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Let $\mathcal{O}$ be a Noetherian, one dimensional domain and $P\subset \mathcal{O}$ be a prime ideal. I want to prove that if $0\neq I\subseteq P$ we have $\mathcal{O}/(\mathcal{O}\cap I\mathcal{O}_P) \cong \mathcal{O}_P/ I\mathcal{O}_P$.

It's clearly enough to prove that the map $\mathcal{O}\rightarrow \mathcal{O}_P/ I\mathcal{O}_P$ is surjective, but I can't prove that.

This is used in the proof of propostion 12.3 in Neukirch Algebraic Number Theory.

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Since $\mathcal{O}$ is a $1$-dimensional domain and $I\neq 0$, $\mathcal{O}/I$ is $0$-dimensional. Since it is Noetherian, that means $\mathcal{O}/I$ is the product of its localizations at each of its prime ideals. In particular, the map from $\mathcal{O}/I$ to any localization of $\mathcal{O}/I$ is surjective (since it is just the projection onto a factor of a product). Thus the map $\mathcal{O}/I\to \mathcal{O}_P/I\mathcal{O}_P$ is surjective, which gives the isomorphism you want.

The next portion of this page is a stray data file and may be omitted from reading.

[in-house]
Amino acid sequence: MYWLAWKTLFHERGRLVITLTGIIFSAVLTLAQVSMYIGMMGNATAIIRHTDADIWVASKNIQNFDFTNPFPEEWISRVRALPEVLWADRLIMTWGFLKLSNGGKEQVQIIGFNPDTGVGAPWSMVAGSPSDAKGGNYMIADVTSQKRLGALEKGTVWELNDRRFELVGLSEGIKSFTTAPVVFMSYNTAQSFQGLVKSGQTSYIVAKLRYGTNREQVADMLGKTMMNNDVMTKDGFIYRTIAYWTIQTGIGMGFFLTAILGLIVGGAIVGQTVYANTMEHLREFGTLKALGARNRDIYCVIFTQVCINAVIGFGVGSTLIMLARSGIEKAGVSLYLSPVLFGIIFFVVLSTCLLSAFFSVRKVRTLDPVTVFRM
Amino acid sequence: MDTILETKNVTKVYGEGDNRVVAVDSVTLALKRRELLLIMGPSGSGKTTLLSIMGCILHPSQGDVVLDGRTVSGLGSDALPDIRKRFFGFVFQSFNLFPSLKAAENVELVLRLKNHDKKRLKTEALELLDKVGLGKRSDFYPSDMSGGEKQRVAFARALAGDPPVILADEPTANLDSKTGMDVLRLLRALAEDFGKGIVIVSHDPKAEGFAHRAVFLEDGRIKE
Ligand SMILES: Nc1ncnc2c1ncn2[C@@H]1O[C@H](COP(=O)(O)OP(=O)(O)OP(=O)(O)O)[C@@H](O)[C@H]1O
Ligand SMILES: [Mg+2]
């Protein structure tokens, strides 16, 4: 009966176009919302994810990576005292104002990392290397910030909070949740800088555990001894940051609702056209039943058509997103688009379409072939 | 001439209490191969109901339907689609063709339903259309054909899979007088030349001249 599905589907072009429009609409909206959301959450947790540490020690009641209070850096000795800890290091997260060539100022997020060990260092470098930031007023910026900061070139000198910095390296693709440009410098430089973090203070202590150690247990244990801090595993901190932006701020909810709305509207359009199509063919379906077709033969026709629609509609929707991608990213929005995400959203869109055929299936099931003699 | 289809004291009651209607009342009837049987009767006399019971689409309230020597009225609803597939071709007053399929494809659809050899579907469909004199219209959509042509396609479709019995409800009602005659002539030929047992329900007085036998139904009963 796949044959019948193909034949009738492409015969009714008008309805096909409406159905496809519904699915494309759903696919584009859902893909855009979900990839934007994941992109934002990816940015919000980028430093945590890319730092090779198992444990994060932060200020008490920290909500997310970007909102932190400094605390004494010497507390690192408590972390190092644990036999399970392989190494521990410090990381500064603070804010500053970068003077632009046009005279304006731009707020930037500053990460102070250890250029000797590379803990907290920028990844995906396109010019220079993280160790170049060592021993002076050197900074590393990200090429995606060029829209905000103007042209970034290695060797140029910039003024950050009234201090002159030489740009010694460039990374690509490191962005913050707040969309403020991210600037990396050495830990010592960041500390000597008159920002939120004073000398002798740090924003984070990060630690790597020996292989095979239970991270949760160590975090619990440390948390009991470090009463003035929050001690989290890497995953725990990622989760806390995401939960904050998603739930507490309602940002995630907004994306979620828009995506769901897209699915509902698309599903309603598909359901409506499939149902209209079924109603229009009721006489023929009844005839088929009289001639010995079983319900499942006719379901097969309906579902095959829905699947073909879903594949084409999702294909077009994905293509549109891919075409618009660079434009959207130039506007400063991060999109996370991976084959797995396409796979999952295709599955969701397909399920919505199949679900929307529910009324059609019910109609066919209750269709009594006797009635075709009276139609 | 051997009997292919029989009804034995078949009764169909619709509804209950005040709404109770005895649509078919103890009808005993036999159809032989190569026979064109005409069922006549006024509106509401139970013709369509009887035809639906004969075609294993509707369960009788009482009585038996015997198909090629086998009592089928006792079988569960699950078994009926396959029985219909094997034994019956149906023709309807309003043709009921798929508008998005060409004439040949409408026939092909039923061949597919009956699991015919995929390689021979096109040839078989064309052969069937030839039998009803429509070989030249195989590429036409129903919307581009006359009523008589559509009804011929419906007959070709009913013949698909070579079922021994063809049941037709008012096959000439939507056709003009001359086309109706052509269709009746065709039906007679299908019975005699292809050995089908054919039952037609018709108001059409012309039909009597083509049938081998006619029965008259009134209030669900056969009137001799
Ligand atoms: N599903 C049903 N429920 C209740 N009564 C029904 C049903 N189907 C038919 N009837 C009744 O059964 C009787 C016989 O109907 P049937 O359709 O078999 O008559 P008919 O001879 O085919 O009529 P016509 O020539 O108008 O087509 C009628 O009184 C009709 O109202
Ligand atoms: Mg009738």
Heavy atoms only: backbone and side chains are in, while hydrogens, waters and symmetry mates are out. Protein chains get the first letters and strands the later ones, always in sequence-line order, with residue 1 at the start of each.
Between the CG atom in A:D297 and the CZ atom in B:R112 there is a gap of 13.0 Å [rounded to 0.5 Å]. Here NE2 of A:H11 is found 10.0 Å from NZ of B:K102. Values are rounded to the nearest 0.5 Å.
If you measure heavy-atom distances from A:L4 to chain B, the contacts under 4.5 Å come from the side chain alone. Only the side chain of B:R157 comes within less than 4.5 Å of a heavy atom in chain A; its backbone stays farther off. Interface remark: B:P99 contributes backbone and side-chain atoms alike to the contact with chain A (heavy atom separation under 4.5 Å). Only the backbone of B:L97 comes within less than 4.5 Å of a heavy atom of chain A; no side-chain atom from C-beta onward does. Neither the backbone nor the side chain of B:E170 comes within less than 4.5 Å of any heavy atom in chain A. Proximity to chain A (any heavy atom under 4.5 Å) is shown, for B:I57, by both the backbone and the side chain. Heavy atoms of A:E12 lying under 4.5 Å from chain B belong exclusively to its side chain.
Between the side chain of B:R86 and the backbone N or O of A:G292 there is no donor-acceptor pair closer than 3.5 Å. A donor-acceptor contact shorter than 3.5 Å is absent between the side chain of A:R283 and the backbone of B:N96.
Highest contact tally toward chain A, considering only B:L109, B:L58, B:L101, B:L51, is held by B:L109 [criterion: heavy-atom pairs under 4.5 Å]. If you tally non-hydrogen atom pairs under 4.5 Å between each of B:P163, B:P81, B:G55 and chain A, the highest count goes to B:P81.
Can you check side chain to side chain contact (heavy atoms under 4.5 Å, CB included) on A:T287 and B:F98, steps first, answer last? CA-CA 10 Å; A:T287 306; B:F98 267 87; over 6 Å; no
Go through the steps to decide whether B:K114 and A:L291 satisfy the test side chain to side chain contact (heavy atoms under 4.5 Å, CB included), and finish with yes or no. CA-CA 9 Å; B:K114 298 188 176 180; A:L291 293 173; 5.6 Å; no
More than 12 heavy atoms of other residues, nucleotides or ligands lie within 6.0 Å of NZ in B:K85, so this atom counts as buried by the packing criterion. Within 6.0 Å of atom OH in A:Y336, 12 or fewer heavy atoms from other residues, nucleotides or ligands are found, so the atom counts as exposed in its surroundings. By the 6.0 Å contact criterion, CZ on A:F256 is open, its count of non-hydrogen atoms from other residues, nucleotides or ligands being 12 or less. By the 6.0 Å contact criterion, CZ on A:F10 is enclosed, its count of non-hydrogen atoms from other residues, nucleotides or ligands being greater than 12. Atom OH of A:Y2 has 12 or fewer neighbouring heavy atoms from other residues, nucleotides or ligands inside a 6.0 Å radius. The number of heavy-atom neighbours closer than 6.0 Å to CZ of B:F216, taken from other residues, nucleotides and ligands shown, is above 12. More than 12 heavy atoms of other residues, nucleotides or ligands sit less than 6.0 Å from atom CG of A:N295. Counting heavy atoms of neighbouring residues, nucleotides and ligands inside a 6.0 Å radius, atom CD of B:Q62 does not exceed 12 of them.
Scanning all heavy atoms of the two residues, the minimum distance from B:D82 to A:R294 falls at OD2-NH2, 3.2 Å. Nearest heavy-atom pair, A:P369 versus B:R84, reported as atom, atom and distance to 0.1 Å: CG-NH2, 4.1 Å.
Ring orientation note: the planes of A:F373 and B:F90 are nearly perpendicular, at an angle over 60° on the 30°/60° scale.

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  • $\begingroup$ Hello Eric, can you please explain why $O/I$ being Noetherian implies that $O/I$ is the product of its localizations at each of its prime ideals? Thanks! $\endgroup$
    – kindasorta
    Jan 17, 2019 at 12:19
  • $\begingroup$ That is a general theorem about Noetherian 0-dimensional rings. See for instance stacks.math.columbia.edu/tag/00JB and stacks.math.columbia.edu/tag/00KH. $\endgroup$ Jan 17, 2019 at 16:41
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Here is the argument that I suspect Neukirch intended. In the first part of the proof of Prop 12.3 in Neukirch's book, he states that if $P \supseteq I$, then $P$ is the only prime ideal containing $\widetilde{I}_P$ where $\widetilde{I}_P = (\mathcal{O} \cap I\mathcal{O}_P)$. He doesn't offer a proof, but a simple one is given in Proof of a stronger form of Chinese remainder theorem (12.3) in Neukirch

That means that $\mathcal{O}/\widetilde{I}_P$ has a single maximal ideal, $P/\widetilde{I}_P$ and so everything not in that ideal is a unit. Therefore, if $x/s \in \mathcal{O}_P$ with $s \notin P$, and writing modulo $\widetilde{I}_P$ with an overbar, $\overline{s}$ has an inverse $\overline{s}' \in \mathcal{O}/\widetilde{I}_P$ so that $xs' \in \mathcal{O}$ maps to $\overline{x}/\overline{s}$, showing surjection.

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